• Group: A group is a set of users such as editors, subscribers, contributors, authors and other user roles. It is an easy way to grant owner permissions to a collection of users.
  • World: Any other user who does not belong to the above two roles.

Decoding permission numbers and symbols

Now that we have a basic familiarity about Type of File Permissions and the roles upon which File Permissions are applicable, the combination of these two may make a little more sense. The user, the group, and the world roles each have to be assigned permissions for each file or directory. You may have noticed that there are 3 sets of symbols like ‘rwx’ or 3-digit numeric values like ‘755’ which sometimes go beyond 0, 1, 2, and 4. By all permutation and combination of above permissions numerical values, following all possible levels of permissions can be assigned:

  • 0= No access at all
  • 1= Execute
  • 2= Write
  • 3= (2 + 1) = Write, and execute
  • 4= Read
  • 5= (4 + 1) = Read, and execute
  • 6= (4 + 2) = Read, and write
  • 7= (4 + 2 + 1) = Read, write, and execute

Take a look at the illustration below to see how these ownership roles and permission settings combined together to define the permission for a given file or directory.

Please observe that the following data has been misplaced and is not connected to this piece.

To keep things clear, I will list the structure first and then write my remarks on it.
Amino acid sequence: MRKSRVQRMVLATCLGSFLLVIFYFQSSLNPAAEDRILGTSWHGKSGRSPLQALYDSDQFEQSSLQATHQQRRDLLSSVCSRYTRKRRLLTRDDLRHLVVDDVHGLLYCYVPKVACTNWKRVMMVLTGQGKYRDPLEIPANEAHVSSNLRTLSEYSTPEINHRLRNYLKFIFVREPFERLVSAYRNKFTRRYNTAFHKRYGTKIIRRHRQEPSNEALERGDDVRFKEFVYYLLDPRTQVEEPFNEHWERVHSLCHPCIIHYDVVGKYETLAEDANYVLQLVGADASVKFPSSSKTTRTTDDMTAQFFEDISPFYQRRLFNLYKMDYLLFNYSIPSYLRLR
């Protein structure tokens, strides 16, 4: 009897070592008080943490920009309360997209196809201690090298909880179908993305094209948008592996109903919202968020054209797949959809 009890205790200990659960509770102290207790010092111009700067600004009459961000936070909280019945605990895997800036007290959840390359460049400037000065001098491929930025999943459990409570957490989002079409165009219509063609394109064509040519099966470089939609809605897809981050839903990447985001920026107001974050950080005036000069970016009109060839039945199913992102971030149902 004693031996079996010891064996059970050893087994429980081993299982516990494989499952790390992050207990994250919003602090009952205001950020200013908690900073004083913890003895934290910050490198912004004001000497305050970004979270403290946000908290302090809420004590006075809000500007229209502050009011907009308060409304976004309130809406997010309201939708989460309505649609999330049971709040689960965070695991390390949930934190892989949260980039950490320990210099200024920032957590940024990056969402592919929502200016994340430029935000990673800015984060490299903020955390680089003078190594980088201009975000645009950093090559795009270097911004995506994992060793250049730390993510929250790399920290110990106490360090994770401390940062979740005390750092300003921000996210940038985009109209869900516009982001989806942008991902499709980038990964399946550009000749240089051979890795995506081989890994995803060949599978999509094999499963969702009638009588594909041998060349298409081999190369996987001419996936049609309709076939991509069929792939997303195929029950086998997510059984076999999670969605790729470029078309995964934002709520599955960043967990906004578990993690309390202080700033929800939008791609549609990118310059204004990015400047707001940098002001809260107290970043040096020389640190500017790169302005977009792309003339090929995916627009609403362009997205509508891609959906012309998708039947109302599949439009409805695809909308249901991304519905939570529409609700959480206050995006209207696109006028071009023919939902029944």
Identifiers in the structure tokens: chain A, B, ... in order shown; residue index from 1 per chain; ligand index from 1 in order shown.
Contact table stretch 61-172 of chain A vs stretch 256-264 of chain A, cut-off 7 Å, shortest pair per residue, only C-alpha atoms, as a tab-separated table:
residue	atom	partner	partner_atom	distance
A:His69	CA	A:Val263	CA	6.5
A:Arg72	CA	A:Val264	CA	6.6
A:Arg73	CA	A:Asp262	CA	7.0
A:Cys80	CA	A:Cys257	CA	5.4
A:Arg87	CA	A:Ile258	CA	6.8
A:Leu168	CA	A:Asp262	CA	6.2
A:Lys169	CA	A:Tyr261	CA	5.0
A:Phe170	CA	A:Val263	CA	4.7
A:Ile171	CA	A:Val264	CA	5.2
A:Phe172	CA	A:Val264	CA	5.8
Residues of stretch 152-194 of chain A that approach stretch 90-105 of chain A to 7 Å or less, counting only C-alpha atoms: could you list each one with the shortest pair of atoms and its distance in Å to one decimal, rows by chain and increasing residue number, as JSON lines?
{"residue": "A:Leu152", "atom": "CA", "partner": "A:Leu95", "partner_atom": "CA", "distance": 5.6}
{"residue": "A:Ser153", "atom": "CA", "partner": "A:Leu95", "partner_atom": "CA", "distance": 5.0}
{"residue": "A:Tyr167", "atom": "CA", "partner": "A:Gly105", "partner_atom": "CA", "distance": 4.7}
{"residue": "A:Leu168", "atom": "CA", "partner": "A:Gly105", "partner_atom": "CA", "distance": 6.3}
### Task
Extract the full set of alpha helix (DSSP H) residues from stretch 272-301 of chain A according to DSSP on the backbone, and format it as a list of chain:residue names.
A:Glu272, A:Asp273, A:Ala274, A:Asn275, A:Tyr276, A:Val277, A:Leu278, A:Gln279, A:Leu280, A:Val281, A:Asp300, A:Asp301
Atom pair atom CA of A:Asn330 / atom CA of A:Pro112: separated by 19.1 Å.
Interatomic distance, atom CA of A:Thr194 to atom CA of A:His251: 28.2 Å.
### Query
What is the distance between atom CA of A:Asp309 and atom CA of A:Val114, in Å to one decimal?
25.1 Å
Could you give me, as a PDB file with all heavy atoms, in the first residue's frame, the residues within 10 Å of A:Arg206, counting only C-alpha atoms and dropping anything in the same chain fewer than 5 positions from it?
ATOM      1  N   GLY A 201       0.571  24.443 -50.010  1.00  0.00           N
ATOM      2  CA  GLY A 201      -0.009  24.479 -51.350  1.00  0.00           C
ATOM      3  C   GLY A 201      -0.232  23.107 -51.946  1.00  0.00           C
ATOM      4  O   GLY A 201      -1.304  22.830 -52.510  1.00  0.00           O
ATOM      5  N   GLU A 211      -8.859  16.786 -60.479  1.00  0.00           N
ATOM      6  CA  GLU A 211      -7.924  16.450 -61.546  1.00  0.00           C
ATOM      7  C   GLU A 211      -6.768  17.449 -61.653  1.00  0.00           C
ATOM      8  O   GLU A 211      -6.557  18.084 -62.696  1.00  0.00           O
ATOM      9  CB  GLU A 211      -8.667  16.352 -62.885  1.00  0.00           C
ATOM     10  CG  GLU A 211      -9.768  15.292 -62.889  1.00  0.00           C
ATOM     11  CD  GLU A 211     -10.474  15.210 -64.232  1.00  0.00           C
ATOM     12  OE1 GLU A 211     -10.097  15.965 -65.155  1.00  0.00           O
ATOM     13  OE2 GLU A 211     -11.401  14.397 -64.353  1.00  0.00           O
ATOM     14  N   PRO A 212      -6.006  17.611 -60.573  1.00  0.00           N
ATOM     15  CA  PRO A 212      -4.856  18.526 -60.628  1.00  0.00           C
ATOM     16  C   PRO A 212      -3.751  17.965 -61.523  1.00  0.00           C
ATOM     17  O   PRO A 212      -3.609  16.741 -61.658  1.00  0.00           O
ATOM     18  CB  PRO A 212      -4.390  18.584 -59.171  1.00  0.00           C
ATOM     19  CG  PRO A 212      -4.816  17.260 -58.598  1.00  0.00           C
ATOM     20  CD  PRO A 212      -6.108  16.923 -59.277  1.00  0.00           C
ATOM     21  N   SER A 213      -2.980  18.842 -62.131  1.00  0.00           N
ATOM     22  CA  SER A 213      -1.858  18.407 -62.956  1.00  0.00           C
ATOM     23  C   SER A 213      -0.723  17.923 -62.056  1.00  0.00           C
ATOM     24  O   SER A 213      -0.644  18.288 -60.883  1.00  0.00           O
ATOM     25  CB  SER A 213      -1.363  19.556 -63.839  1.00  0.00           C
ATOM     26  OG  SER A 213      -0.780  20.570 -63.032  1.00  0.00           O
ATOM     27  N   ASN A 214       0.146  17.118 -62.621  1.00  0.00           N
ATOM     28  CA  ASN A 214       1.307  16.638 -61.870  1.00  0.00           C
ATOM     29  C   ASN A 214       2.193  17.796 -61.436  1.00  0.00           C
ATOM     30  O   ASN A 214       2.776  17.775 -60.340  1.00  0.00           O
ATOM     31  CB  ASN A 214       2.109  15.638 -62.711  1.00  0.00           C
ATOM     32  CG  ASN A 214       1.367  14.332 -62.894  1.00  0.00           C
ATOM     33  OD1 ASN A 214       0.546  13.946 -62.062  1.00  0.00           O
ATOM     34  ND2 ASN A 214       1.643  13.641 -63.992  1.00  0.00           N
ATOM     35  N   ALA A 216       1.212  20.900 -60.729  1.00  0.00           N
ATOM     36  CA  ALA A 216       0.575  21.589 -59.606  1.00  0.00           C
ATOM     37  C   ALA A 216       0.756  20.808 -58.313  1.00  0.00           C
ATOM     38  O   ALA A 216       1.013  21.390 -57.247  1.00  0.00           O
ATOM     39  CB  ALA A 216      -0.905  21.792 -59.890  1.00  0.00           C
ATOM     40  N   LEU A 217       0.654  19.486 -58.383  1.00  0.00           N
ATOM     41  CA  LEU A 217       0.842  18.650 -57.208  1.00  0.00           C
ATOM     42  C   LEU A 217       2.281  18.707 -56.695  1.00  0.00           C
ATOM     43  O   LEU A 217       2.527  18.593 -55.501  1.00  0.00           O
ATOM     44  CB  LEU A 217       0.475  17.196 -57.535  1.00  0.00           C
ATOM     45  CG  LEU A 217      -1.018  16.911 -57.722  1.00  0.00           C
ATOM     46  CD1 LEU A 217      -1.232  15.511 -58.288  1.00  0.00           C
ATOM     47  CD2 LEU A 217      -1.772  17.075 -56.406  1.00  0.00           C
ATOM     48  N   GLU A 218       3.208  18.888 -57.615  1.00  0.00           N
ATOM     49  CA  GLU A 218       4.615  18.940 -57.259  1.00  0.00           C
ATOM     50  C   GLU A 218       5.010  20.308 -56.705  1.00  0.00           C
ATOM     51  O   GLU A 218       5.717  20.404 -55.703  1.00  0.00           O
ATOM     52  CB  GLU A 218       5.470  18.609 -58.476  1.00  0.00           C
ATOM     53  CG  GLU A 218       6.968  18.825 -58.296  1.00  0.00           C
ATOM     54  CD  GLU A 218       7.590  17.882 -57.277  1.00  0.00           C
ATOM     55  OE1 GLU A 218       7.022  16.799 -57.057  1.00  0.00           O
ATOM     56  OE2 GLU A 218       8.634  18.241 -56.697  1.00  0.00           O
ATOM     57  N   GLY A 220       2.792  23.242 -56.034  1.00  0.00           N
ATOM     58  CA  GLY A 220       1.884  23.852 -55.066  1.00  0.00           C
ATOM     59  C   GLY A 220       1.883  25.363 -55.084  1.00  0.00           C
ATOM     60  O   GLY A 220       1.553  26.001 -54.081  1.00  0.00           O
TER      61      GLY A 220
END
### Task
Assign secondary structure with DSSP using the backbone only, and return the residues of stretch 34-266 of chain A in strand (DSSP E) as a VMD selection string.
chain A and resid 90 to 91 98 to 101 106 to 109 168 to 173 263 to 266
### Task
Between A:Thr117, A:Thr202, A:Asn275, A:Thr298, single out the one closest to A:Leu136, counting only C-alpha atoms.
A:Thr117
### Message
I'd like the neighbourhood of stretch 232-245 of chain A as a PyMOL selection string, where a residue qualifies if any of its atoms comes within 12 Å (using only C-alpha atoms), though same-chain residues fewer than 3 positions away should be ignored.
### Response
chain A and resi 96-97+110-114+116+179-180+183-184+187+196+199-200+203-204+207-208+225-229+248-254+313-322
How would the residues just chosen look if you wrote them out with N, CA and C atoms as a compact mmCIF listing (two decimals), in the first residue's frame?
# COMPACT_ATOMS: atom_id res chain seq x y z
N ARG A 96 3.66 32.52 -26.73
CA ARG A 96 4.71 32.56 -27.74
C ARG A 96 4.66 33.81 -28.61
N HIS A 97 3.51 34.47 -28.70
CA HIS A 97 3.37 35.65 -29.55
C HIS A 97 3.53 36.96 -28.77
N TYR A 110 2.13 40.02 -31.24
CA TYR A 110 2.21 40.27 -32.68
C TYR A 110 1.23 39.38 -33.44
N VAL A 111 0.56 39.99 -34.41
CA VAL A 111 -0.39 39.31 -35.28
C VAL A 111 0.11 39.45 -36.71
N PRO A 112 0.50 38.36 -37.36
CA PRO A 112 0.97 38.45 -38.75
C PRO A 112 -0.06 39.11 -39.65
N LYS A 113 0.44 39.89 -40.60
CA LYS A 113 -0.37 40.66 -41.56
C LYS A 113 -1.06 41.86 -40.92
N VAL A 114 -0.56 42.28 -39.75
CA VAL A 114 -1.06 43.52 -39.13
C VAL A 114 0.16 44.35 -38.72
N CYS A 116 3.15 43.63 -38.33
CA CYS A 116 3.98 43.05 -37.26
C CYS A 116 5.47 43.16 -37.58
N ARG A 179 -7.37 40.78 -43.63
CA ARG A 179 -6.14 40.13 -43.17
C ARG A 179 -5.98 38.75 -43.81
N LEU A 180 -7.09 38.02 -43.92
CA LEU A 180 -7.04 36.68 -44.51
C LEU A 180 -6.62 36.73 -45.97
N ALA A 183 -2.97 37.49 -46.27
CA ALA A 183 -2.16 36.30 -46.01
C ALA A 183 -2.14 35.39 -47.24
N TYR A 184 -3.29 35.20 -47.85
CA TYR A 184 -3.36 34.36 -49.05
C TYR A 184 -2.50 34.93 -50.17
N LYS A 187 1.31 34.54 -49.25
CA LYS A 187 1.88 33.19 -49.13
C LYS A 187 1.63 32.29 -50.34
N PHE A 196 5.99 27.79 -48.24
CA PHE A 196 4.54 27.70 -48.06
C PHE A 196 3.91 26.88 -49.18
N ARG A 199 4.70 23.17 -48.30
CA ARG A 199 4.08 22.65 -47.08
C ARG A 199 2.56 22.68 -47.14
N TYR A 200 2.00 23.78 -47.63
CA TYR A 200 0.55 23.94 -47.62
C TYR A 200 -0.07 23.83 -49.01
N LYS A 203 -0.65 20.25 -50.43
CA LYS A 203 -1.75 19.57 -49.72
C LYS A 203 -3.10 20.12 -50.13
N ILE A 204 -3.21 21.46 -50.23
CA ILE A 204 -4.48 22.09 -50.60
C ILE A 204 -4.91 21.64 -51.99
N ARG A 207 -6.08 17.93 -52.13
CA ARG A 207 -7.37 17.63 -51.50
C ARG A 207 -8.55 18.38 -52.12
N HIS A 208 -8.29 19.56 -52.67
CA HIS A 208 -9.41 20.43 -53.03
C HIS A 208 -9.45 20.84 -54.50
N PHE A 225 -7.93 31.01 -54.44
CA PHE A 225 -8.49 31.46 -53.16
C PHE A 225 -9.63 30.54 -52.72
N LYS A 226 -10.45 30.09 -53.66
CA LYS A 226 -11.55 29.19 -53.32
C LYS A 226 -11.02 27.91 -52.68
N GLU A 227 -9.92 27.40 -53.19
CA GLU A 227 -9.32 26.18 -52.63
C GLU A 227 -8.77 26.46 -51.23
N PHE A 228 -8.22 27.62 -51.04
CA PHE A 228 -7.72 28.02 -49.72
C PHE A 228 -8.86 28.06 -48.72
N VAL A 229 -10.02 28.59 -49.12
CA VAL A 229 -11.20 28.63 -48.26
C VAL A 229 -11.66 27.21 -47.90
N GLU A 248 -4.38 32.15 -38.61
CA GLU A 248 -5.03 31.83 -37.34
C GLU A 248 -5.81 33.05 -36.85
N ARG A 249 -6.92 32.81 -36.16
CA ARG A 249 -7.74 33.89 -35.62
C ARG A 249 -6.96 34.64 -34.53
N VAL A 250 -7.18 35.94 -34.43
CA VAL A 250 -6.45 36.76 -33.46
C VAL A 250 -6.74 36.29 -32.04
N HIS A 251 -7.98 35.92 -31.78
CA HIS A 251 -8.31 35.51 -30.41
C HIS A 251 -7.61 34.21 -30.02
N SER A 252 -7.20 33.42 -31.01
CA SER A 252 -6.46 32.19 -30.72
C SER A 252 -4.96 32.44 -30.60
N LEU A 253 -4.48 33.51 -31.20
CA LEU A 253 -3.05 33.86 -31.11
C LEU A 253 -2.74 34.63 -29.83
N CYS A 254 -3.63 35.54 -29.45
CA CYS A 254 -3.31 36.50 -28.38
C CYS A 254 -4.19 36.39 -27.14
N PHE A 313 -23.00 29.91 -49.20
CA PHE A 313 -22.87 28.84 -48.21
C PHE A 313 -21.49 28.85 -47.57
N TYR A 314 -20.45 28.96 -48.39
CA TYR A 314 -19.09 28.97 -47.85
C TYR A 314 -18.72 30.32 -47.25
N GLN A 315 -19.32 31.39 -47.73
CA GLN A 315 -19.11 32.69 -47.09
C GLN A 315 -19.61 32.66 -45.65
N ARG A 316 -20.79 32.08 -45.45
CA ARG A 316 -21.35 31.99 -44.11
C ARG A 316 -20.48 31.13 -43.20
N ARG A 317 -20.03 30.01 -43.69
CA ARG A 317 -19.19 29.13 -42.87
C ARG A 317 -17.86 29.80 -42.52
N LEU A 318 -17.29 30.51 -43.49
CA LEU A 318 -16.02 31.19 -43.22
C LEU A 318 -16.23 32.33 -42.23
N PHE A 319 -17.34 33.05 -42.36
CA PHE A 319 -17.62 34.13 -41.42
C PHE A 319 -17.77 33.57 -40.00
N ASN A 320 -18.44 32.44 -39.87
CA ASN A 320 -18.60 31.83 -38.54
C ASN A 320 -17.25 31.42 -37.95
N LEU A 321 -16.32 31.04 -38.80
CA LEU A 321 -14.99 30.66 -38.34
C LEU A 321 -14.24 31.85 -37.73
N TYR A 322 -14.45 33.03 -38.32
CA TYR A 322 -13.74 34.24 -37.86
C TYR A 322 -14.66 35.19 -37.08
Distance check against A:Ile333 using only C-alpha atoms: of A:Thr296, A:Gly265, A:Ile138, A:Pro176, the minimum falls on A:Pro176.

In the above numeric illustration, the first number denotes file permissions for a user role, the second for the group role, and the third for the world or other role.

For example:

If you see the number ‘7′, you automatically get to know that the ONLY numbers (4, 2, 1) that you can combine to get the value 7. Here, in this case, all three permission numeric values 4, 2 and 1 combined together which makes the number 7 that represents the read, write and execute permissions being assigned to that particular ownership group for a given file or directory.

So, when you see the permission value ‘5′, you should immediately know that the permissions (4+1) i.e., read & execute, have been granted to that particular ownership group for a given file or directory.

Frequently Used Permission Codes

 Some of the most frequently used file permission codes are as follows:

Permission Code Description
755 means that the owner can do anything while others can read and execute but may not alter the file. This is ideal for public files.
750 means owner has full control over the files whereas group role can read and execute the file but cannot make any changes into the files. For all other users, no permission is assigned.
711 means only owner is allowed to do anything with the file or directories while all others can only execute.